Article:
Sunny Street Co-Founder and Director of Nursing, Sonia Martin MACN has today been announced as the 2021 Winner of the prestigious Health Minister’s Award for Nursing Trailblazers by the Federal Minister for Health and Aged Care The Hon Greg Hunt MP in recognition of her commitment to providing equitable health care services to people experiencing poverty and homelessness.
The only award of its kind in Australia, the Health Minister’s Award for Nursing Trailblazers (Trailblazers Award) recognises nurse leaders and innovators who lead the way to transform our health and aged care systems by impacting costs, improving quality of care and enhancing consumer satisfaction. The award acknowledges nurse-led innovations and models of care which significantly improve health outcomes for the Australian community through evidence-based processes.
Founded by the Federal Minister for Health, Greg Hunt MP in 2019, the Trailblazers Award is administered by the Australian College of Nursing (ACN). The award is designed to acknowledge that nursing has the solutions to many of the problems that plague the Australian health and aged care systems. This prestigious award is bestowed upon an innovative and outstanding nurse who has demonstrated leadership to bring new thinking to a wide range of health care challenges.
“I am honoured to have been named the winner of this award, particularly given the high calibre of the other finalists. I was delighted to have been named a finalist, but to now be named the winner is something that is beyond my wildest dreams”, Ms Martin said.
“This award is actually a win for all of those people who are doing it tough or sleeping rough. We started Sunny Street with a passion and determination to be the catalyst for change and the people we serve and care for are the reasons we exist – they are the reason I have won this award.
“When I decided to walk away from her permanent public health sector managerial role at the Sunshine Coast University Hospital in 2018 it was because I knew I had to do something to address the gap in the provision of care for people experiencing poverty and homelessness in Australia.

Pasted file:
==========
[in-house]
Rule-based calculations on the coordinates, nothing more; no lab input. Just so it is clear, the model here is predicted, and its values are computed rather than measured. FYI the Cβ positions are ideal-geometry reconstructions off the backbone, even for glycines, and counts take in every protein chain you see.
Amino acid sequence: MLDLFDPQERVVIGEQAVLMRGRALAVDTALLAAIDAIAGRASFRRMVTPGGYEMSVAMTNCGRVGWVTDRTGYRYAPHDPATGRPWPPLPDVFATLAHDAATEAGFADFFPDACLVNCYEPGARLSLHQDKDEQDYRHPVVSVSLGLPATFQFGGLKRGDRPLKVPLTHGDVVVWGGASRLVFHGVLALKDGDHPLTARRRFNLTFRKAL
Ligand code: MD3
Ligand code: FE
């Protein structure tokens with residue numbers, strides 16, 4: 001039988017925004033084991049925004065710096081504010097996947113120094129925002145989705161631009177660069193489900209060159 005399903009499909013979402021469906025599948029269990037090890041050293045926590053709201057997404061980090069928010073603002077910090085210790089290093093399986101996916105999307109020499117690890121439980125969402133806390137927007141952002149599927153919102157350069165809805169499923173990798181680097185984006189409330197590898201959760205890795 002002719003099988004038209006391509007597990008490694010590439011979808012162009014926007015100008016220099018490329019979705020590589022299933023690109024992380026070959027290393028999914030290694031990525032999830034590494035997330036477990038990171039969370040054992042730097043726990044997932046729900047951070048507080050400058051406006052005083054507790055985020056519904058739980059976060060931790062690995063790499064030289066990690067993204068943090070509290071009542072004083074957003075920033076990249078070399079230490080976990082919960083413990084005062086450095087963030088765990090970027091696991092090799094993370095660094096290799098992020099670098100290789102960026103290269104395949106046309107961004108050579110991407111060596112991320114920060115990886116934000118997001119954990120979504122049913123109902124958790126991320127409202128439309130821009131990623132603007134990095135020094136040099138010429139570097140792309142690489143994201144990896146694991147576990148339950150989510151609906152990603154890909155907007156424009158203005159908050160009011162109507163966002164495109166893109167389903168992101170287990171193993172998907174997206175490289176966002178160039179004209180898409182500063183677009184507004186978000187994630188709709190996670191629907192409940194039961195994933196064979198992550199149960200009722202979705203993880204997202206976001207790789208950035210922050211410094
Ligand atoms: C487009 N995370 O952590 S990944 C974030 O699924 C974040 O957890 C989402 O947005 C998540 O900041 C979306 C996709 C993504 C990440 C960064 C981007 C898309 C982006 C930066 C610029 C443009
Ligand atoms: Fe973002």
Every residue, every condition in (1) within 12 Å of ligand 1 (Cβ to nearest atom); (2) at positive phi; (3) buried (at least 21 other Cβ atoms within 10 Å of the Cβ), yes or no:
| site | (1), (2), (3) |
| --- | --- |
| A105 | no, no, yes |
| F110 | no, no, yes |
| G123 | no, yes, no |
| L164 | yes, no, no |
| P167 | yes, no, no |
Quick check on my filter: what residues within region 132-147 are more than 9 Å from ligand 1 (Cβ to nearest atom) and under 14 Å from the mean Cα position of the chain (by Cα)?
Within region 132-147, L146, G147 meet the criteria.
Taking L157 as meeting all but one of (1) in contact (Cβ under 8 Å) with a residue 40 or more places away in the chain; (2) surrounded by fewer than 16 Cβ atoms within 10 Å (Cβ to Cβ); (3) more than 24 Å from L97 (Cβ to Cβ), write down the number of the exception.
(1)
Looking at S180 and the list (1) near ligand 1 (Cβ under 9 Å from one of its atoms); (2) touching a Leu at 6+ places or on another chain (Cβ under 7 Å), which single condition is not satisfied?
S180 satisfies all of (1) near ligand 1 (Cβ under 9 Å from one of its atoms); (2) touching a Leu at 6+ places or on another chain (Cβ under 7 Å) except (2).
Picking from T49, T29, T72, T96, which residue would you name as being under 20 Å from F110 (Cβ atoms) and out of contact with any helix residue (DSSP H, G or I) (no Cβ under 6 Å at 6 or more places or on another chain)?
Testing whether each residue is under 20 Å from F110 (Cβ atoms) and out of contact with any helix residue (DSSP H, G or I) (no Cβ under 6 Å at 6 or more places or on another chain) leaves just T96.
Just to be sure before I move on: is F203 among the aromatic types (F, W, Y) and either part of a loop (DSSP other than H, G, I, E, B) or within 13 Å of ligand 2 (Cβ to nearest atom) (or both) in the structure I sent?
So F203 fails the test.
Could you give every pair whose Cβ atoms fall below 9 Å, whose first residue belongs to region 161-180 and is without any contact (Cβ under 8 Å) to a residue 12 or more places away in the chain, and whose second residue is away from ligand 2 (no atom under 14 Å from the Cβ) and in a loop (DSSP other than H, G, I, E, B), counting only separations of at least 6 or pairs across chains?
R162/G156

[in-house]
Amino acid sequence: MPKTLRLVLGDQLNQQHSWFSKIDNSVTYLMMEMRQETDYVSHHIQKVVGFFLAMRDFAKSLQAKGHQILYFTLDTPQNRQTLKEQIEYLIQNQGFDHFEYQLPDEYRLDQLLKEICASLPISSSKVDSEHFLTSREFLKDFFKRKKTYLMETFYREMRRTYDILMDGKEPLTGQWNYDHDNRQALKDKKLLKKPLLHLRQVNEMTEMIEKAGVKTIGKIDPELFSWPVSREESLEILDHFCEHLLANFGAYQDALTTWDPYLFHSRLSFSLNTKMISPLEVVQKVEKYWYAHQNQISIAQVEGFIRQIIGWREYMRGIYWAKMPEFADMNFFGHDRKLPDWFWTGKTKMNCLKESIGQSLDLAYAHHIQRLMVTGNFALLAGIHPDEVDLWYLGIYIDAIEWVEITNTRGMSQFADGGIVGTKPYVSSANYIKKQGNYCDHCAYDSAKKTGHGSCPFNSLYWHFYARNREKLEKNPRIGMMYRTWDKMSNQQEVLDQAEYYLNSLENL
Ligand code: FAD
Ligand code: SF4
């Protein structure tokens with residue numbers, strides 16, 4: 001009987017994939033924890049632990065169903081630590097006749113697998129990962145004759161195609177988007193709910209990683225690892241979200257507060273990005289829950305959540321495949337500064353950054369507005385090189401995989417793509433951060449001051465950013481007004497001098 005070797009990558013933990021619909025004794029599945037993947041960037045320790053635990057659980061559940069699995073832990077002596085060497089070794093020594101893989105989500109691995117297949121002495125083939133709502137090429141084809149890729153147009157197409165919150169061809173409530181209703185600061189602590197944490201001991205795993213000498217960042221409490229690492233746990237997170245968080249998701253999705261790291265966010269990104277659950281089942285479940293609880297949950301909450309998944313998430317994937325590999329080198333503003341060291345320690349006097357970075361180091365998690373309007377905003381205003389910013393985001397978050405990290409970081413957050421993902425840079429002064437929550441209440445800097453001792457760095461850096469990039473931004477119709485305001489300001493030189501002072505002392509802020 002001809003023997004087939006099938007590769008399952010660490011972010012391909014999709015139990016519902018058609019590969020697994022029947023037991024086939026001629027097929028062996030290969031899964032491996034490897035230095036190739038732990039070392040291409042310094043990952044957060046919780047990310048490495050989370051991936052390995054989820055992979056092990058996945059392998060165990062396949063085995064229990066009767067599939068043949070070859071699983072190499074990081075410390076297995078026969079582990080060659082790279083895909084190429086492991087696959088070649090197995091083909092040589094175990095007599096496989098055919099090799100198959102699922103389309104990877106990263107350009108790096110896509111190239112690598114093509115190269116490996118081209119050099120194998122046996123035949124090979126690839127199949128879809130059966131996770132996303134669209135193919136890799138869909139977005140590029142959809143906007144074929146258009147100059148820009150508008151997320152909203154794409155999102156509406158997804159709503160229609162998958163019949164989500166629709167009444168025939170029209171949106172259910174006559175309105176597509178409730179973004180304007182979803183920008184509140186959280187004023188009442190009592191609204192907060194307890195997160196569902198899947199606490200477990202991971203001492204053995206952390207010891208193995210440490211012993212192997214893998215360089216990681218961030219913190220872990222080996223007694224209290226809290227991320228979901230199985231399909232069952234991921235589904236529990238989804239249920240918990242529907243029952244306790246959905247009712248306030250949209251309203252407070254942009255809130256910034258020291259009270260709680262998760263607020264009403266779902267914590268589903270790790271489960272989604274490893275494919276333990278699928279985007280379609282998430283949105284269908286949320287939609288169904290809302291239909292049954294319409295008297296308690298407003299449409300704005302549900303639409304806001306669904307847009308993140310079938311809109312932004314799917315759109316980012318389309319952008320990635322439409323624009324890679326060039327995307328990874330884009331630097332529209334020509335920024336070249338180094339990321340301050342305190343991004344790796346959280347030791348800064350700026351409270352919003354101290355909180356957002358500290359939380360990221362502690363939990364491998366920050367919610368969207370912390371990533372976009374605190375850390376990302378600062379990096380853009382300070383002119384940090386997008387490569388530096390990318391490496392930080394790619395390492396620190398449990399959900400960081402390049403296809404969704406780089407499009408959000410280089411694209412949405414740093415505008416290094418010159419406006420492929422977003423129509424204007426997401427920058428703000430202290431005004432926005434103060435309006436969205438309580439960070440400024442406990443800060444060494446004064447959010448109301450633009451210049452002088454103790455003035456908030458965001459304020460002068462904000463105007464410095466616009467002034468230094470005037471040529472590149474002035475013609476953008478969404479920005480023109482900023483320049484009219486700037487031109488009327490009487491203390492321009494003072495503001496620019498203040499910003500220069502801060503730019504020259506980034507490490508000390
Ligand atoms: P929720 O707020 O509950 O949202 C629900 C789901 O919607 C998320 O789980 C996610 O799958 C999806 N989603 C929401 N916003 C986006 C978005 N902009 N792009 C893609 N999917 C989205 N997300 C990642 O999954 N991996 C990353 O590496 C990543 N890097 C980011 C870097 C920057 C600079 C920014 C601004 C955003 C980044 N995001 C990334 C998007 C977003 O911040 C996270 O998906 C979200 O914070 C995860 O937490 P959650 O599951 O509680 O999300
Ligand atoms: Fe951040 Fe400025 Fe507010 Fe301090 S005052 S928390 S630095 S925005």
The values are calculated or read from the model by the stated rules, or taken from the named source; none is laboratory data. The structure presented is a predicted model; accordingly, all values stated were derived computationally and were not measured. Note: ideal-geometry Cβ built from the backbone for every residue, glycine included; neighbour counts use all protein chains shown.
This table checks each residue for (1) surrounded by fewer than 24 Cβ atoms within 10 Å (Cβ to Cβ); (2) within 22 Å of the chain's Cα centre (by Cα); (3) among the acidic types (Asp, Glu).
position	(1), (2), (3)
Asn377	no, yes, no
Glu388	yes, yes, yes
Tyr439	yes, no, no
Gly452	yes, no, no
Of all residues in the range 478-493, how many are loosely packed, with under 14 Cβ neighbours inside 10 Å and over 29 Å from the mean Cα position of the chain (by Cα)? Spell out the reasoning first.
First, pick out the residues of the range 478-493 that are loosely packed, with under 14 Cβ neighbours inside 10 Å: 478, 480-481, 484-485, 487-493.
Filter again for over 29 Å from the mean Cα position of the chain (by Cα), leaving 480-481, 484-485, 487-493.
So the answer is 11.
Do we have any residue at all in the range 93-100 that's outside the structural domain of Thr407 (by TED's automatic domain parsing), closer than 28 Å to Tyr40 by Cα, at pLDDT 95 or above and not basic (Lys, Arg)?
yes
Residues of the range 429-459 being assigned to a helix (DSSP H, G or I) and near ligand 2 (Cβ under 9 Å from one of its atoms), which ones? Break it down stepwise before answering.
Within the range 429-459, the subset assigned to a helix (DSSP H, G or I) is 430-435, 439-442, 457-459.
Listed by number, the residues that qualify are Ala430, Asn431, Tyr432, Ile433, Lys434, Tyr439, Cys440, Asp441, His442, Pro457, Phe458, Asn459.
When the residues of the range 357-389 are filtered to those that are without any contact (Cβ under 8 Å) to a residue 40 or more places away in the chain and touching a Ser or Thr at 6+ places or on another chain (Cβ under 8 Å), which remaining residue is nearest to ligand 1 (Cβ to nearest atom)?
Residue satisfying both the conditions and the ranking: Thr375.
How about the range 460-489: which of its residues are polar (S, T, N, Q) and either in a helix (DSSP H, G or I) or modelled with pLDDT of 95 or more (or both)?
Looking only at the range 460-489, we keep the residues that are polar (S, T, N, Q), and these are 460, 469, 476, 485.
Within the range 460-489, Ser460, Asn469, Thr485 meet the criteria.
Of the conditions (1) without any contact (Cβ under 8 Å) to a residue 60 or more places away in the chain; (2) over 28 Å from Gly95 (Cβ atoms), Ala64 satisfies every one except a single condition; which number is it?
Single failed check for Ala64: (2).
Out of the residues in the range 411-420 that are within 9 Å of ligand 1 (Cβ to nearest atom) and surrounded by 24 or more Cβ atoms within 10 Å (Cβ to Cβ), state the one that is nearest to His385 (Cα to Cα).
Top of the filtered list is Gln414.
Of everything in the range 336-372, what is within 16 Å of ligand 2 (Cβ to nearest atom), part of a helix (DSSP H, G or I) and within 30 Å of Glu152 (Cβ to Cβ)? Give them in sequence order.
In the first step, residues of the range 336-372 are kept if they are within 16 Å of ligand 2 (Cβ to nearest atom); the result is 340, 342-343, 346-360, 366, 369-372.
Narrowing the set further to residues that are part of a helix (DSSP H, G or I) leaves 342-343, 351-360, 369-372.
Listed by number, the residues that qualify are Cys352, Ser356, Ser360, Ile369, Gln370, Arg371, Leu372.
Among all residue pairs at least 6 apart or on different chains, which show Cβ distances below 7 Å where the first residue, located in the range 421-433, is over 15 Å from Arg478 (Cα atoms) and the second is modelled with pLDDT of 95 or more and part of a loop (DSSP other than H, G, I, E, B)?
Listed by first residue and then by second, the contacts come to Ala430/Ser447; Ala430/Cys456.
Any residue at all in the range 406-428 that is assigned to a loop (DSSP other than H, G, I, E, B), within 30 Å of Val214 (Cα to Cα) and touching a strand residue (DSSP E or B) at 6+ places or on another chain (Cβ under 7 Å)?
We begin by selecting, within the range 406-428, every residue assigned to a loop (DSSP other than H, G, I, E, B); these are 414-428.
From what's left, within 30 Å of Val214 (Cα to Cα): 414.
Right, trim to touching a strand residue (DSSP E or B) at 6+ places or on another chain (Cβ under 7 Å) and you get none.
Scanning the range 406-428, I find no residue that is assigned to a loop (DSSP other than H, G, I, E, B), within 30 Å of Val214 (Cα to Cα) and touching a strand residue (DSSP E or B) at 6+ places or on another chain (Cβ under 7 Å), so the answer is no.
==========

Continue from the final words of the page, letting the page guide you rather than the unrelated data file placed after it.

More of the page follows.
“I knew that something had to change in the way we care for vulnerable people that are homeless and while I loved working in the hospital, I knew that finding a solution needed to start at a grassroots level on the street, simply by having conversations with those living rough”, Ms Martin said.
“Dr Nova Evans and I spent an enormous amount of time on the streets, working out of the boot of our car, just talking to people and listening to why they were there and what their biggest fears were. I was shocked at how many people, who needed medical care, had not engaged with health providers for years, and who despite needing help, had become invisible. It was quite heartbreaking.”
From the very beginning, Sonia identified that people often just wanted someone to talk to as being homeless often means people are isolated and lonely.
“When I worked in the hospital as a Nurse Unit Manager, I noticed a large number of representations to the Emergency Department from vulnerable and homeless people and it occurred to me that many of these people just needed somewhere they could go for a meal, some health care and some kindness.
“This adds enormous pressure on Emergency Departments, and in offering an alternative place for people experiencing poverty or homeless to go, we are helping to ease that burden, Ms Martin said.
What started with the desire to be a change-maker back in 2018, Sunny Street now employs 35 staff, has a volunteer workforce of over 150 and to date has provided over 30,000 conversations and consultations to vulnerable Australians. Last week they opened their first clinic in Maroochydore that will offer priority care and support to vulnerable patients.
Photo credit - Pete Wallis.